Crystal Dunn isn’t holding out hope for a possible midfield appearance at the 2023 World Cup.
The 2019 World Cup champion plays as a defender for the U.S. women’s national team but as a midfielder for the Portland Thorns, and she spoke on the “Diaspora United” podcast about how playing two positions has affected her.
“I think my versatility has come with perspective, but it also comes with a lot of pain,” she told “Diaspora United.” “A lot of feeling of, you don’t belong any place on the field, you just belong where the coach puts you. And that doesn’t always feel great. I think I’ve always tried to hide away from saying that and being honest about that.”
But Dunn, 30, chose to open up about those feelings in a February profile for GQ. Becoming a mom to son Marcel last May helped give her the push to speak out.
“I feel so confident in what I’ve done in my career and who I am as a person that it’s now time for me to speak my truth,” she said. “Like I said, it’s not throwing shade on my position on the national team, because best believe when I am playing outside back I am bodying people out of the way and I’m doing what I have to do to be the best for my team.”
She gives her all wherever she plays on the field. But she also wants to be honest.
“I’m a competitor. Anywhere that I’m going to play, I’m going to play,” she said. “But the question wasn’t, ‘Do you love playing outside back?’ It was, ‘Where do you want to play? Where do you absolutely love playing?’ And my answer was in the midfield.
“I feel like my skill set is really about being creative, being fluid, being able to break lines, and being able to connect with the people around me. And I just feel like as an outside back I don’t really get to do that.”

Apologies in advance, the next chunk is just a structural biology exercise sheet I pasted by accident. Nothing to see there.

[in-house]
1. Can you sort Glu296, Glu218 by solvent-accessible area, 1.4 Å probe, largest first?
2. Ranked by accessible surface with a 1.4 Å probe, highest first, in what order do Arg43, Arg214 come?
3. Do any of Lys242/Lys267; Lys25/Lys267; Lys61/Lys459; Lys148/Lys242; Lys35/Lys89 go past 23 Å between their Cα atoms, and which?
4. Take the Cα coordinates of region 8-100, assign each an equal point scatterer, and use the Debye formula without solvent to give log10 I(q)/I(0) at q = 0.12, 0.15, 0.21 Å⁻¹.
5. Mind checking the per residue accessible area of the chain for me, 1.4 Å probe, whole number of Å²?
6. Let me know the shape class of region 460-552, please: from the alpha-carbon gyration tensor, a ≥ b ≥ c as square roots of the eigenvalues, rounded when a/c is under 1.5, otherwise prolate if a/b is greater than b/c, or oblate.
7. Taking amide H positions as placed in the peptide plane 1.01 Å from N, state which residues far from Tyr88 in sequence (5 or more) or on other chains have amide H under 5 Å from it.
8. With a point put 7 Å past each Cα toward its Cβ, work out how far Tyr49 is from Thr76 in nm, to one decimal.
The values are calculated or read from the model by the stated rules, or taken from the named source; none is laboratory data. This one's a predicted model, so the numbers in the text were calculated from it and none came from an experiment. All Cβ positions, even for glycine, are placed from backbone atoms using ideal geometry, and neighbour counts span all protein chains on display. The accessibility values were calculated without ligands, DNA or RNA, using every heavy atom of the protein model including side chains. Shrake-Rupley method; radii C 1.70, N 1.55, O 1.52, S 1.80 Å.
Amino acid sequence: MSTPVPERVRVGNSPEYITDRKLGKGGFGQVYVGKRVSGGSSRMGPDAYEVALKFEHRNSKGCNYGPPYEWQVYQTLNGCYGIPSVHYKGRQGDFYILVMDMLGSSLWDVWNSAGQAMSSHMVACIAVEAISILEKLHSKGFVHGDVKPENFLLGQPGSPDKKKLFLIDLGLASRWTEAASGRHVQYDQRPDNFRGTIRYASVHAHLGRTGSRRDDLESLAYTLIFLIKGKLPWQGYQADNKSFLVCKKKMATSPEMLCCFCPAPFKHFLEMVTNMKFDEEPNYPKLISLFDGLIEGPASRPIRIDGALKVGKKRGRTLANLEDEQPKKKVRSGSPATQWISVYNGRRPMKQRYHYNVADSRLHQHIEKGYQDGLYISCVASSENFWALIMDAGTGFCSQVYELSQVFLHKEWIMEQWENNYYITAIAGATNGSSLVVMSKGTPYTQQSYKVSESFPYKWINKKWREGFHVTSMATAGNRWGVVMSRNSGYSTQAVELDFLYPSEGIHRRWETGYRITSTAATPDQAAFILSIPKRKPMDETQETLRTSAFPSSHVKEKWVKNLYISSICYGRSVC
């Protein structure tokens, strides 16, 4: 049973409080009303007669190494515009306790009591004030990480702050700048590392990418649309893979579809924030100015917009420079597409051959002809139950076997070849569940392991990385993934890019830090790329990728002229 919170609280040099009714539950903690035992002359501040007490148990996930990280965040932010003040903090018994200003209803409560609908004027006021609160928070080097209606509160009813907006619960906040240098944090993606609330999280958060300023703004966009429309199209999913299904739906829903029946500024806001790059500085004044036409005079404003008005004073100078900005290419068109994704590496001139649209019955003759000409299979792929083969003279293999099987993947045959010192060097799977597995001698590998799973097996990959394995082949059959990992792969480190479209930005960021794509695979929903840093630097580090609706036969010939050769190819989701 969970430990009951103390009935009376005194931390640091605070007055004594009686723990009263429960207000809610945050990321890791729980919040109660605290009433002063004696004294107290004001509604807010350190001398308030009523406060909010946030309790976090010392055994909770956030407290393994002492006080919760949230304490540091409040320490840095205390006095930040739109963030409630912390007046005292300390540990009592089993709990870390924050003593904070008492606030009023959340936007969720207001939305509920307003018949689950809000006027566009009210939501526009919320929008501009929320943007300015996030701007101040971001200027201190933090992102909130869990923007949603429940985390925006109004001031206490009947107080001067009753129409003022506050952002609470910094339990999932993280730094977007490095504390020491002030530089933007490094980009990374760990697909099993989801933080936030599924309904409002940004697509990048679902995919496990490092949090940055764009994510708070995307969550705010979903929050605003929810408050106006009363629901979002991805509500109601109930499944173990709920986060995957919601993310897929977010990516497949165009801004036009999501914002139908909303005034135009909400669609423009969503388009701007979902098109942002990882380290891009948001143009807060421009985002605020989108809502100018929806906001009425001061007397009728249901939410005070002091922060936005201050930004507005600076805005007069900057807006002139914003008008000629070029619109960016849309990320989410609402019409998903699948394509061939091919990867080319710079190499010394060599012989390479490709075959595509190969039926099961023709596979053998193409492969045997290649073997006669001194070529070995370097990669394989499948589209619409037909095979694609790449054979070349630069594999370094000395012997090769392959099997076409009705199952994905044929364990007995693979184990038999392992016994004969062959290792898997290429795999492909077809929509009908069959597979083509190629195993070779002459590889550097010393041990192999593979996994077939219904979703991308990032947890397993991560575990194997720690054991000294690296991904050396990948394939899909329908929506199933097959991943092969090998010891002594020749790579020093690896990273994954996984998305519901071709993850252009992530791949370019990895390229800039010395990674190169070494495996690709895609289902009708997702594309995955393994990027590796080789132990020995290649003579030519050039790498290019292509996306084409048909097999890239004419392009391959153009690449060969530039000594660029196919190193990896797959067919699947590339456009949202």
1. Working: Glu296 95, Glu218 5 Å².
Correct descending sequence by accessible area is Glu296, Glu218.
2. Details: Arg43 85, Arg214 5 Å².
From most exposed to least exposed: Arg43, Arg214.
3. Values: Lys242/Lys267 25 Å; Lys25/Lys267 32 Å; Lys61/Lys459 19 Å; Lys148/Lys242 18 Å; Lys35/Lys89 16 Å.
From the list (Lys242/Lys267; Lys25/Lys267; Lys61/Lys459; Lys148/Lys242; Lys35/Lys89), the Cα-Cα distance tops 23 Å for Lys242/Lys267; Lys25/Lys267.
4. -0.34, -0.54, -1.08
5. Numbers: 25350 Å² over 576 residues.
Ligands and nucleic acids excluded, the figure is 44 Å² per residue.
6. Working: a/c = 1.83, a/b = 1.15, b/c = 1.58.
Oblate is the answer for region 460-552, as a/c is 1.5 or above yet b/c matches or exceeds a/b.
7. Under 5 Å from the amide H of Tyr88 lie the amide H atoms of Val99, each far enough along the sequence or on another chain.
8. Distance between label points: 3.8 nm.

Still, while Dunn has scored four goals for the Thorns so far this NWSL season, she doesn’t anticipate playing in the midfield for the USWNT at the World Cup this summer in Australia and New Zealand. And she accepts that.
“I don’t think there’s a real possibility. I think where I am is where I am. I think I accept and embrace it,” she said. “When I’m in club I try to ball out in the midfield. I try to do my thing. I don’t let my role on the national team hinder what I can contribute to my club team.
“It is a different boat that I’m in than any other player, because when you go from international duty to club you’re playing the same position usually… I think for me, that’s not my journey, that’s not my reality.”
As the World Cup approaches, she sees the power in her versatility.
“It’s just part of my journey. It makes me, me. It makes me special,” Dunn said. “When I was younger, I used to be a little bothered by it, but I think now I’ve stepped into this space where I’m like, no, this is me. This is a space not a lot of people get to walk in, and that’s OK. It doesn’t make me feel uncomfortable anymore. It makes me feel like this is actually my superpower.”